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Incest Is Wrong

The MFAH shamelessly hops in bed with the Houston Texans

Art purists may say, "Why do a show about football?" predicted Museum of Fine Arts, Houston director Peter Marzio, standing in front of a 20-foot diptych of photos depicting buxom, scantily clad cheerleaders at the press preview of "First Down Houston: The Birth of an NFL Franchise." The exhibition presents 86 images of the Houston Texans taken by Robert Clark over the course of the team's first year. The show's photographs could easily pass for a special-edition game program for the Texans, a team that is -- not coincidentally -- owned by MFAH trustee Bob McNair. Yes, you read that correctly: This show promotes a franchise owned by one of the trustees of the MFAH. What Marzio should have said is "People with ethics may say, 'Why do this show about football?'"

These two "aw shucks" former football players (McNair played high school ball, and Marzio attended Juniata College on a football scholarship) were meeting about the sculpture for the Houston Texans' mascot when they hatched their plan for "First Down." The way McNair tells the story, it sounds like a scene from some 1940s film with Judy Garland and Mickey Rooney scheming to put on a show in Judge Hardy's barn. McNair said he was thinking of documenting his team's first year. Marzio thought it was a great idea and, according to McNair, said the way to do it would be to get a "world-class photographer" and "do this up in world-class fashion."

Gosh golly gee, they could even do a show at the museum!

According to the back cover blurb of the accompanying catalog, viewers will receive a "penetrating and intimate look into the world of the Houston Texans." I don't see what the hell is penetrating and intimate about this show. It feels like a hipper-than-average commercial shoot.

If only Clark, a photojournalist for National Geographic and Sports Illustrated, could have addressed the culture of the sport, as well as its marketing and commercialization, in an honest and incisive way. If only he could have approached the project with a Diane Arbus knack for strangeness, or at least some point of view that transcended run-of-the-mill sports photography. But Clark is a court toady who seeks only to gratify and glorify. As evidence, look at the show's ten-foot image of Bob McNair kneeling in Reliant Stadium. Children under 18 should not be allowed to witness this colossal act of fellatio by the museum. At the preview, a smaller image of the same photograph described him as caught in a "reflective" or a "spiritual" mood. That image and caption have since been removed.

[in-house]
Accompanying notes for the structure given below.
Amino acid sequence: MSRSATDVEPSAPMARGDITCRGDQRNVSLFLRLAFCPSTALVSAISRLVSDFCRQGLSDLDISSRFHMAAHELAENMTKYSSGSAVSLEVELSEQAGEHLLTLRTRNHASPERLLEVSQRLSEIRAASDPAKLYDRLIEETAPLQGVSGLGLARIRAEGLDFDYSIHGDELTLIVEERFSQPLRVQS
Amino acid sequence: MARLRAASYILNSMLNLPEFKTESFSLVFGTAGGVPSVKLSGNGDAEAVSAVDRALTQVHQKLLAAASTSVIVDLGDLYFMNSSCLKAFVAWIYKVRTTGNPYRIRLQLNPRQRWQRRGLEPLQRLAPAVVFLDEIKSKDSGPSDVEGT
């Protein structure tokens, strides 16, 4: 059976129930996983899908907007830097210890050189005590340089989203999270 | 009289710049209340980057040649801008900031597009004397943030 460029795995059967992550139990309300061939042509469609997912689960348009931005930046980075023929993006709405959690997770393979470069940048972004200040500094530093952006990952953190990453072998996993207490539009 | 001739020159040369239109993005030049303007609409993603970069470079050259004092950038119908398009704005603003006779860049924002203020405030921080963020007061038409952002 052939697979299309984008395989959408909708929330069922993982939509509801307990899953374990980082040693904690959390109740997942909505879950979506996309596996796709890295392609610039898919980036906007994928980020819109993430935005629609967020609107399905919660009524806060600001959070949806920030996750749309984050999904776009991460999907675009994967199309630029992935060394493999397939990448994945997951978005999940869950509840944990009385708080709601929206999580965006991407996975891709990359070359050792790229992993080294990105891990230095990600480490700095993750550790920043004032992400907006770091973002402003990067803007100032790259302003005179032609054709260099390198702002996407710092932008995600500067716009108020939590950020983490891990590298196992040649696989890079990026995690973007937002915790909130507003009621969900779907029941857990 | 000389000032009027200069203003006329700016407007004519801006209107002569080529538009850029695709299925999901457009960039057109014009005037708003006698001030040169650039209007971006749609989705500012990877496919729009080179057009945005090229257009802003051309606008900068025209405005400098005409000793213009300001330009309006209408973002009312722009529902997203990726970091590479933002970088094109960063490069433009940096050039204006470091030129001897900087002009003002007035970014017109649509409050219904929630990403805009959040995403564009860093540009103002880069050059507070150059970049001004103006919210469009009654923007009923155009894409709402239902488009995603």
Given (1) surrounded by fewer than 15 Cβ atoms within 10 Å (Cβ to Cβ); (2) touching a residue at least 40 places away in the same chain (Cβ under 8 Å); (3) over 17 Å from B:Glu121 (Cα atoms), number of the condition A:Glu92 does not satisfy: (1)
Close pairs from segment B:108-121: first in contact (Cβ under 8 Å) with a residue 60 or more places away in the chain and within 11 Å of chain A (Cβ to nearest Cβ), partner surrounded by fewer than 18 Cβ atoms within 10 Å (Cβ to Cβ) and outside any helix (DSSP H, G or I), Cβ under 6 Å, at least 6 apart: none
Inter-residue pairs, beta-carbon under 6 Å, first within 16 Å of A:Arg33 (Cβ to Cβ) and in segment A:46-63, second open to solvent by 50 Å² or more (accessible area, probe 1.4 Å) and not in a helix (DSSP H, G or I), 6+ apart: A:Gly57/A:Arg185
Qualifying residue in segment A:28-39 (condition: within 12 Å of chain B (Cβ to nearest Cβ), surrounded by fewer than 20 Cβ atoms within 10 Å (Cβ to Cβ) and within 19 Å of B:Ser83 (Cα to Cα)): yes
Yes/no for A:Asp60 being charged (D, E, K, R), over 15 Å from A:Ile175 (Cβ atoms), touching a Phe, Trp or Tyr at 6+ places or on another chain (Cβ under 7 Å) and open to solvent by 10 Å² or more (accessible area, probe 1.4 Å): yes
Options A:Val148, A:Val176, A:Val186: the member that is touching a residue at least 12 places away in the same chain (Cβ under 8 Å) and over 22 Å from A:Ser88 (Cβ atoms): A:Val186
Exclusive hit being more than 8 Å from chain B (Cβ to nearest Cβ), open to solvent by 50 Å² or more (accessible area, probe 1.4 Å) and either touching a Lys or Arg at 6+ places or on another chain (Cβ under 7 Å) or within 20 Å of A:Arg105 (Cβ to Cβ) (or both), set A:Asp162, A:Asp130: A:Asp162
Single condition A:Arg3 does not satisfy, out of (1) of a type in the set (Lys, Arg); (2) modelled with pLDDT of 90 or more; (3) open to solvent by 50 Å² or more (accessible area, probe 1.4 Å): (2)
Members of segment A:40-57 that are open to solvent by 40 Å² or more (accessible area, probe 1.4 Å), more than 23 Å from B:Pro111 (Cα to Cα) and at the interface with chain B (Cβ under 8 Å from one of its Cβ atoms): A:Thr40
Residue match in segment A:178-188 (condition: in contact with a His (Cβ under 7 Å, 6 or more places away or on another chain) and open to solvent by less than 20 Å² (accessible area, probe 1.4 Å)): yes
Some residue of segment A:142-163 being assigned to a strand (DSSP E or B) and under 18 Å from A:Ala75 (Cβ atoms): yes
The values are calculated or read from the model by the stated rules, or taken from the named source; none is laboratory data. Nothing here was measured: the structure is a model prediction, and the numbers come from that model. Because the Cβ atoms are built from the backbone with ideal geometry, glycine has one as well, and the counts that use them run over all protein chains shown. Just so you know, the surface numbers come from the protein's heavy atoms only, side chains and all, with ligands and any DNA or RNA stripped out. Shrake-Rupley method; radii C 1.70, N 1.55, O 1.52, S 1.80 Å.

Clark took 30,000 photographs in the year he spent with the Texans, and 86 were selected for the show. According to Marzio, the "museum would only have done this if we had total access and no censorship." Okay, what exactly is there to censor? Team members in the showers? (Actually, that might have made the show a little more interesting.) It's not like they're staging the My Lai massacre in Reliant Stadium.

There are images of football players practicing, football players sitting in the locker room, football players on the field. There are Vanity Fair cover-manqué images of football players leaping for studio shots that display their athletic prowess. A smattering of "wacky and rabid fans" photos feels fairly forced, given the recent provenance of the team. We have a ways to go before we rival Cleveland's "Dog Pound."

In other images, there's self-conscious gravitas, grandeur and God. One shot shows the tape on Billy Miller's wrist with "Philippians 4:13" inscribed on it. The passage reads, "I can do all things through Christ who strengthens me." Clark also has a Mapplethorpe-esque fixation with the flesh and bodies of black players. In contrast, a shot of McNair and general manager Charley Casserly shows them in the Founders Suite with stemmed glassware and a plate of grapes.

But once in a while, Clark stumbles into artier territory. One of the shots shows a blond cheerleader high-kicking with an expression of crazed zeal on her face. (The exhibition labels identify the cheerleaders by only their first names. Apparently this is NFL policy.) In a particularly creepy scene, one Diane Arbus would appreciate, we see grinning good ol' boys Bob McNair and Jerry Jones. And a nice close-up shot of Fred Weary, Guard shows him smiling with closed eyes and a Breathe Right strip across his nose.

Many of the more redeeming photos are tucked into the accompanying catalog, which boasts 225 images and a nice layout. This whole thing would have been a lot less embarrassing if the project had been limited to just a coffee-table book.